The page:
One of the most important things to know about Sever's disease is that, with proper care, the condition usually goes away within 2 weeks to 2 months and does not cause any problems later in life. Most children can return to physical activity without any trouble once the pain and other symptoms go away. The risk of recurrence goes away on its own when foot growth is complete and the growth plate has fused to the rest of the heel bone, usually around age 15.
The exact cause of Severs disease is not completely understood. It is thought to be associated with an overuse type injury, in which repetitive stress from the Achilles tendon causes a portion of the growth plate to pull away from the heel. In medical terms, this is described as cyclic, micro-avulsion type fractures to the calcaneal apophyses.
Sever condition causes pain at the back of the heel. The pain is increased with plantar flexion of the ankle (pushing down with the foot as if stepping on the gas), particularly against resistance. Sever condition also causes tenderness and swelling in the area of the pain.
You may have pain when your doctor squeezes your heel bone. You may have pain when asked to stand or walk on your toes or on your heels. You may have pain in your heel when your doctor stretches your calf muscles. Your doctor may order x-rays of the injured foot to show an active growth plate.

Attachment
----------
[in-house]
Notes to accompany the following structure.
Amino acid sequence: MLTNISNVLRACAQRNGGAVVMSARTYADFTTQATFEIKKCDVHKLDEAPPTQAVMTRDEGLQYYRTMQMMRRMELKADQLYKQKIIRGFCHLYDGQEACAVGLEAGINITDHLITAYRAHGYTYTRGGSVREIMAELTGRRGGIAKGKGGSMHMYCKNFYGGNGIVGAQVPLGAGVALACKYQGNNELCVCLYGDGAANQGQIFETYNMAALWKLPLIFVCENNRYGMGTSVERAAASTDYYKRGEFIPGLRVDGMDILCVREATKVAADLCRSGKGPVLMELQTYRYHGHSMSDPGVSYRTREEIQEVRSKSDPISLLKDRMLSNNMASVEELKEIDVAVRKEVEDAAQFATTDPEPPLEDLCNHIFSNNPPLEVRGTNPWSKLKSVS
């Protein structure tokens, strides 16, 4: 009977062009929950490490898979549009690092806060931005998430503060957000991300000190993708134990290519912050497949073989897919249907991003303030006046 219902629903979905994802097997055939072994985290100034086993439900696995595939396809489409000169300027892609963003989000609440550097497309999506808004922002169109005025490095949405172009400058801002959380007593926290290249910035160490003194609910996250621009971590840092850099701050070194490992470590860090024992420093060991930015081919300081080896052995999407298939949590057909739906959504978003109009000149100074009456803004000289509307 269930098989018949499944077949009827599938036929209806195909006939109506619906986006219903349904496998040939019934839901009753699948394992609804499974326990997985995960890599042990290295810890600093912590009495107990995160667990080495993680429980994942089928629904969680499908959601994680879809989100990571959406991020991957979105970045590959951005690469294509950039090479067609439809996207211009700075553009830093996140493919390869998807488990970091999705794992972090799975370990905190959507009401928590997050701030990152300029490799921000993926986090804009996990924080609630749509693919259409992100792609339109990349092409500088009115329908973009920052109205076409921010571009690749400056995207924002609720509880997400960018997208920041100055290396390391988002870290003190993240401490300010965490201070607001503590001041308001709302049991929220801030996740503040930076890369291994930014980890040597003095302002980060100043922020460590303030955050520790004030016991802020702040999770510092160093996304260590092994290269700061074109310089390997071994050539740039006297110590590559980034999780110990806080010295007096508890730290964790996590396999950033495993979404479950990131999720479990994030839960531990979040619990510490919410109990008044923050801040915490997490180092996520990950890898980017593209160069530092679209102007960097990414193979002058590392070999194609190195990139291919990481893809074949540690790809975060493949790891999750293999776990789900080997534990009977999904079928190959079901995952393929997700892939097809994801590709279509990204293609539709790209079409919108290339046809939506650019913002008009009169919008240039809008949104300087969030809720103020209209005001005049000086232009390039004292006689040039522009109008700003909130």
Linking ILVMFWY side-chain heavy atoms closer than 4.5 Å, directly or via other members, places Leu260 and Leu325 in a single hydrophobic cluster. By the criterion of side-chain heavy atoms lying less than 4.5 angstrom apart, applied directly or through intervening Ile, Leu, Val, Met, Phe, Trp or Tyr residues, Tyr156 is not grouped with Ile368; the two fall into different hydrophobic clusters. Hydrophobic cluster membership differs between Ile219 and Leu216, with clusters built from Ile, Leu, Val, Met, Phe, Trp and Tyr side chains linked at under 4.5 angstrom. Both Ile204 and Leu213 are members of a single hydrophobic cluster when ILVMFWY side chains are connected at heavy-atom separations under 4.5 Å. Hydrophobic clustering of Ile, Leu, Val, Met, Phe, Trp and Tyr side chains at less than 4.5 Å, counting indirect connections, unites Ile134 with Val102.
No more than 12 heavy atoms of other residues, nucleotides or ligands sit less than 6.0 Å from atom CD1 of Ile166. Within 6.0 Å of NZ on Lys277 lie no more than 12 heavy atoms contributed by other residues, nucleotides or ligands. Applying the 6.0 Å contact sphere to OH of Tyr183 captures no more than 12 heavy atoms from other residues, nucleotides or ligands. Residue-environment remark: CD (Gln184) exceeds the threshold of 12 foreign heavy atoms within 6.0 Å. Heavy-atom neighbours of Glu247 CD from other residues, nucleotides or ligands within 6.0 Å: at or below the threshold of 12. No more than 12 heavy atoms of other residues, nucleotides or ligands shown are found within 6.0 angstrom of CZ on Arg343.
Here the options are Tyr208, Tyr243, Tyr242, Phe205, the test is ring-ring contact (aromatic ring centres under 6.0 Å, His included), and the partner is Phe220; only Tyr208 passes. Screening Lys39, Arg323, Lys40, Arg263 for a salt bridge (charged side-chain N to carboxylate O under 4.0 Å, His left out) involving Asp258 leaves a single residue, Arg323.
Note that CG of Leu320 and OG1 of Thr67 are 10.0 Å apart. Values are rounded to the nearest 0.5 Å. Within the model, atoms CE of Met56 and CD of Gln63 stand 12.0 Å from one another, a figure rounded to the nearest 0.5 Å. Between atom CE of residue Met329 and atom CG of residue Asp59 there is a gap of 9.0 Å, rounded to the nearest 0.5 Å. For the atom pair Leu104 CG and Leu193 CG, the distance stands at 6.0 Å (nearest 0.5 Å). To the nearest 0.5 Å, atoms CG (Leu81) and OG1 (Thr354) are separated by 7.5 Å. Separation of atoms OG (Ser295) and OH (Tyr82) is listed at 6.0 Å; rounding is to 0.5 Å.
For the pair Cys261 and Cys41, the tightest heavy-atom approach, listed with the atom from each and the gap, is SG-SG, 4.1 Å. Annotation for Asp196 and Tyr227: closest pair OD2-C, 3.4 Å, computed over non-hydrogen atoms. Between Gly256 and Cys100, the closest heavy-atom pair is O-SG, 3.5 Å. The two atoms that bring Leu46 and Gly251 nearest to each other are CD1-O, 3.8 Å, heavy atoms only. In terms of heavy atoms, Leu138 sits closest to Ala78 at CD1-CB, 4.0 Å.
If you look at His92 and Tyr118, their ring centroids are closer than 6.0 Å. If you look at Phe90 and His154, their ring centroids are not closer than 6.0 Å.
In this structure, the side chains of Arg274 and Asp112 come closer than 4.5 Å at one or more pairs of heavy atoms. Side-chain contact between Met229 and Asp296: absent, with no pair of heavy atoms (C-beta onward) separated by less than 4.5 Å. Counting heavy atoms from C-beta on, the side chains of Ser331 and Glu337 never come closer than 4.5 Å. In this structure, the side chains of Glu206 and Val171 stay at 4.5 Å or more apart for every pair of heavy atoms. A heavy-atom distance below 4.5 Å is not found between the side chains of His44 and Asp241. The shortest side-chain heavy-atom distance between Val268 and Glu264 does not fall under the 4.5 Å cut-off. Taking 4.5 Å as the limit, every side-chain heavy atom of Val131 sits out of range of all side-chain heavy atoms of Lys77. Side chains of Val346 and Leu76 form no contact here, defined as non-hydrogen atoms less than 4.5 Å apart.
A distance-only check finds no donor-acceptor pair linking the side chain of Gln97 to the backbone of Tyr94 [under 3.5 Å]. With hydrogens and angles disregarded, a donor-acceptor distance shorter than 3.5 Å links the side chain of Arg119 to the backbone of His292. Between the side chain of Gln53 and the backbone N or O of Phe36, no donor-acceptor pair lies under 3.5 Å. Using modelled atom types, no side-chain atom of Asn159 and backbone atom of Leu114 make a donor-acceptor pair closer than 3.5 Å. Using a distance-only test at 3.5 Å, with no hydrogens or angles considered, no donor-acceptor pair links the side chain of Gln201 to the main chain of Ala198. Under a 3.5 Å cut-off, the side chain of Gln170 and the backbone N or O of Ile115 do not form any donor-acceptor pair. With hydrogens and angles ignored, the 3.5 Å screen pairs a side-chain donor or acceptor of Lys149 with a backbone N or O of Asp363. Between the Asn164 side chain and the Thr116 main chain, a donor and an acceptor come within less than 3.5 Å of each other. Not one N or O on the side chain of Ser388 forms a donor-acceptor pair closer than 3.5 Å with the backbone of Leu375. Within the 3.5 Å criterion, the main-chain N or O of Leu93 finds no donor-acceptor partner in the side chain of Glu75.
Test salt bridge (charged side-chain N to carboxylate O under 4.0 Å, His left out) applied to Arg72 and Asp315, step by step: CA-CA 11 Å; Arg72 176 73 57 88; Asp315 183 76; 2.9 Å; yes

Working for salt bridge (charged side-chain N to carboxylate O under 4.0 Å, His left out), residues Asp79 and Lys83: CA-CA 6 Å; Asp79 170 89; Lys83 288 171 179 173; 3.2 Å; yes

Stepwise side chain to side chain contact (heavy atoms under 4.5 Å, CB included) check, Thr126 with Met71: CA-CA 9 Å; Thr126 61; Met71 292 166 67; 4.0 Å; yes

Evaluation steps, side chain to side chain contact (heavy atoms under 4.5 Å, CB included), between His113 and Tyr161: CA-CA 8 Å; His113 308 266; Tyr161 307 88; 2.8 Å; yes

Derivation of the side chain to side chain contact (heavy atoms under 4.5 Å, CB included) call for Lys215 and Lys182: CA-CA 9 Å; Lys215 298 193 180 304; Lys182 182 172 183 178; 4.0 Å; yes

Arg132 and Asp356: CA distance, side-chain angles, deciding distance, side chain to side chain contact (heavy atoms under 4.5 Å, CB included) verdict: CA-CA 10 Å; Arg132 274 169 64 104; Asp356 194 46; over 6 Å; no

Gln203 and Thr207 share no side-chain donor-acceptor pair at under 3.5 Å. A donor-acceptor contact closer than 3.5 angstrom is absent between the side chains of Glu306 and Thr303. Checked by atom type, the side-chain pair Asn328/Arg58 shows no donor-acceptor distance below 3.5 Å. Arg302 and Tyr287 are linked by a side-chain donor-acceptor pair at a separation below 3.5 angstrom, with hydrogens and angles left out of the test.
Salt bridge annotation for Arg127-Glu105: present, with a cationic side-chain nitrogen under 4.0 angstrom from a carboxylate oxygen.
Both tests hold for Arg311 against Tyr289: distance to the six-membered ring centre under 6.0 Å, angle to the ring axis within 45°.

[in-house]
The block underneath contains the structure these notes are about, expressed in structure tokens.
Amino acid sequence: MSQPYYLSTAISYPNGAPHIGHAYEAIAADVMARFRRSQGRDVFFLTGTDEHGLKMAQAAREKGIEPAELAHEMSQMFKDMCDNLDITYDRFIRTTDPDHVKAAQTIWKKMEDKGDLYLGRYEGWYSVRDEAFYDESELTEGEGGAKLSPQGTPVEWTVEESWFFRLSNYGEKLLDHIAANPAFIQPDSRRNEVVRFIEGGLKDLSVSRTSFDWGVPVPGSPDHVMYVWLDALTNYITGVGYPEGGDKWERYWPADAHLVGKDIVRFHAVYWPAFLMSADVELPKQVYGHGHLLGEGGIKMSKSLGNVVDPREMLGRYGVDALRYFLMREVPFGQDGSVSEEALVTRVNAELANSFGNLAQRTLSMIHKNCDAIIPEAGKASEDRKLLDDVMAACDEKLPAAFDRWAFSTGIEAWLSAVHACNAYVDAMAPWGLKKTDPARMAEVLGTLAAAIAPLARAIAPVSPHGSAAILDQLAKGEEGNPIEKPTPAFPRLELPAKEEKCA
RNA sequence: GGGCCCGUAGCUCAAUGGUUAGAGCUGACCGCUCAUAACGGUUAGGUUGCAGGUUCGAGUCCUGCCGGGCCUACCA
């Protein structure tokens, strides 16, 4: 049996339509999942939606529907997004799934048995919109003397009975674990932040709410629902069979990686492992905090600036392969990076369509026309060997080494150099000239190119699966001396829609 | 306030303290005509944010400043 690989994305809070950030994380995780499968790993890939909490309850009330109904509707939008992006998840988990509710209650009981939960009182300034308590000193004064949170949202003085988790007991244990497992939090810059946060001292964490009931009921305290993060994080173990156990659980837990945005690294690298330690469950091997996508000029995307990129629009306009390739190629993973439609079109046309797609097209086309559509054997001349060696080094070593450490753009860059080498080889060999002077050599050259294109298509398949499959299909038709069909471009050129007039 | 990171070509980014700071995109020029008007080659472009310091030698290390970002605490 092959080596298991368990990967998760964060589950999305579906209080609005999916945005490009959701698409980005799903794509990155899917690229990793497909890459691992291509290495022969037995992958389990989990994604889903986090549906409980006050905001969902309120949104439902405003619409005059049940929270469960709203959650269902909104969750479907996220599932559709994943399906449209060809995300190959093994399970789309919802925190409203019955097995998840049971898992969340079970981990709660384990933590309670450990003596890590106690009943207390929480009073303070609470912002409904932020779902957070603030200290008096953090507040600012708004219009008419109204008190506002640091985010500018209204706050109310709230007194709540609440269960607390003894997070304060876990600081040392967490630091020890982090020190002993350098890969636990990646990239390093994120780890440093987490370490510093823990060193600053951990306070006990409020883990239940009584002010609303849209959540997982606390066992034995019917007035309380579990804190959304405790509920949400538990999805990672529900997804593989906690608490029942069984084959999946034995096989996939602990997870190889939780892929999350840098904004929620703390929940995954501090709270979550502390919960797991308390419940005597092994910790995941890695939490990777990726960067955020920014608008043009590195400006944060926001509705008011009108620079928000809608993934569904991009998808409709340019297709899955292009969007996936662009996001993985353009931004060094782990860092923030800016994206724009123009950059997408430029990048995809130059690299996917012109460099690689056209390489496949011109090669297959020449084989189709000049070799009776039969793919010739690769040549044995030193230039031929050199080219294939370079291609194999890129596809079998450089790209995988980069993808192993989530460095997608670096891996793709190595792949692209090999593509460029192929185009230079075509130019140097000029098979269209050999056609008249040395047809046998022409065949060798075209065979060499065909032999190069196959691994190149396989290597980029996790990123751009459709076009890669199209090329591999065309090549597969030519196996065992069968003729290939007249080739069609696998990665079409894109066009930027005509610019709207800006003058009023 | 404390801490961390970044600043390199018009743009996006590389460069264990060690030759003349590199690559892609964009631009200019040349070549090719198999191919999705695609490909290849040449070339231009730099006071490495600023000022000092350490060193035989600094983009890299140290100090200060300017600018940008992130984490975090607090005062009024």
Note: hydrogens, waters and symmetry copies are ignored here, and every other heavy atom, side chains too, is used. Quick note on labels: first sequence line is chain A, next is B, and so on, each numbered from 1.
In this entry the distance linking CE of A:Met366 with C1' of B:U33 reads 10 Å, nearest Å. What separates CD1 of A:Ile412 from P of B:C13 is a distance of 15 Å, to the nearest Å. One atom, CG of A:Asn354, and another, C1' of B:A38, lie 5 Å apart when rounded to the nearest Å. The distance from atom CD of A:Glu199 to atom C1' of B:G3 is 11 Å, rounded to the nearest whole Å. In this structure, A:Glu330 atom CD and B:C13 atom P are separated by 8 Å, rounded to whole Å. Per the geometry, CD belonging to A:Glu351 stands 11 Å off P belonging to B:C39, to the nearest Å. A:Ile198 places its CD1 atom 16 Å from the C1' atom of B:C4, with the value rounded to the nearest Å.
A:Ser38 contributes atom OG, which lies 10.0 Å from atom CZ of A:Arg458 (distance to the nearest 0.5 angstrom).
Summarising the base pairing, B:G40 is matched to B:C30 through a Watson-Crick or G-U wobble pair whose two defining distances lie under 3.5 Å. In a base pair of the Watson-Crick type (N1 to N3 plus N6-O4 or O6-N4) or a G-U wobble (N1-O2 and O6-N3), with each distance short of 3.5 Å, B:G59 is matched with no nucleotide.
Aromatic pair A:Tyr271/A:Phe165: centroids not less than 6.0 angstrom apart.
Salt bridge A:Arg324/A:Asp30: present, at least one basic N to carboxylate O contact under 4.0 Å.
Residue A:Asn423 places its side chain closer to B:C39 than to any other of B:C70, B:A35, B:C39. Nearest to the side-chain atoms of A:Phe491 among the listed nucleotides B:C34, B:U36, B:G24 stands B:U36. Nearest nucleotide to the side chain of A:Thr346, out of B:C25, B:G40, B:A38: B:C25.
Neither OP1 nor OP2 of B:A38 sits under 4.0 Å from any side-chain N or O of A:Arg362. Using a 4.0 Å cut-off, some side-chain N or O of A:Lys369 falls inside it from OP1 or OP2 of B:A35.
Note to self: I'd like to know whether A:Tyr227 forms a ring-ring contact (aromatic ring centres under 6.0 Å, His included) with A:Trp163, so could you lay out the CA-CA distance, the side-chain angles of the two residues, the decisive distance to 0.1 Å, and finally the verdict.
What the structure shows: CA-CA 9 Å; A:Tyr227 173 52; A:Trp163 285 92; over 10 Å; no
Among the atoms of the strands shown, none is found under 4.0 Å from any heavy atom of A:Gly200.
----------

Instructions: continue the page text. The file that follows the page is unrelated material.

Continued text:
Non Surgical Treatment
Treatment is primarily supportive, with rest, pain management, and activity modification. Activity modifications include the addition of low-impact activities. Gel heel cups are sold over the counter and can be used intermittently to help reduce shock in the heel, as well as take tension off of the tight Achilles?s tendon complex. Proper stretching and strengthening activities should be preformed routinely even during periods of no pain. A large study showed that approximately 85% of children affected by Sever?s disease return to full activity within a two-month time period after starting treatment.
If the child has a pronated foot, a flat or high arch, or another condition that increases the risk of Sever's disease, the doctor might recommend special shoe inserts, called orthotic devices, such as heel pads that cushion the heel as it strikes the ground, heel lifts that reduce strain on the Achilles tendon by raising the heel, arch supports that hold the heel in an ideal position, If a child is overweight or obese, the doctor will probably also recommend weight loss to decrease pressure on the heel. The risk of recurrence goes away on its own when foot growth is complete and the growth plate has fused to the rest of the heel bone, usually around age 15.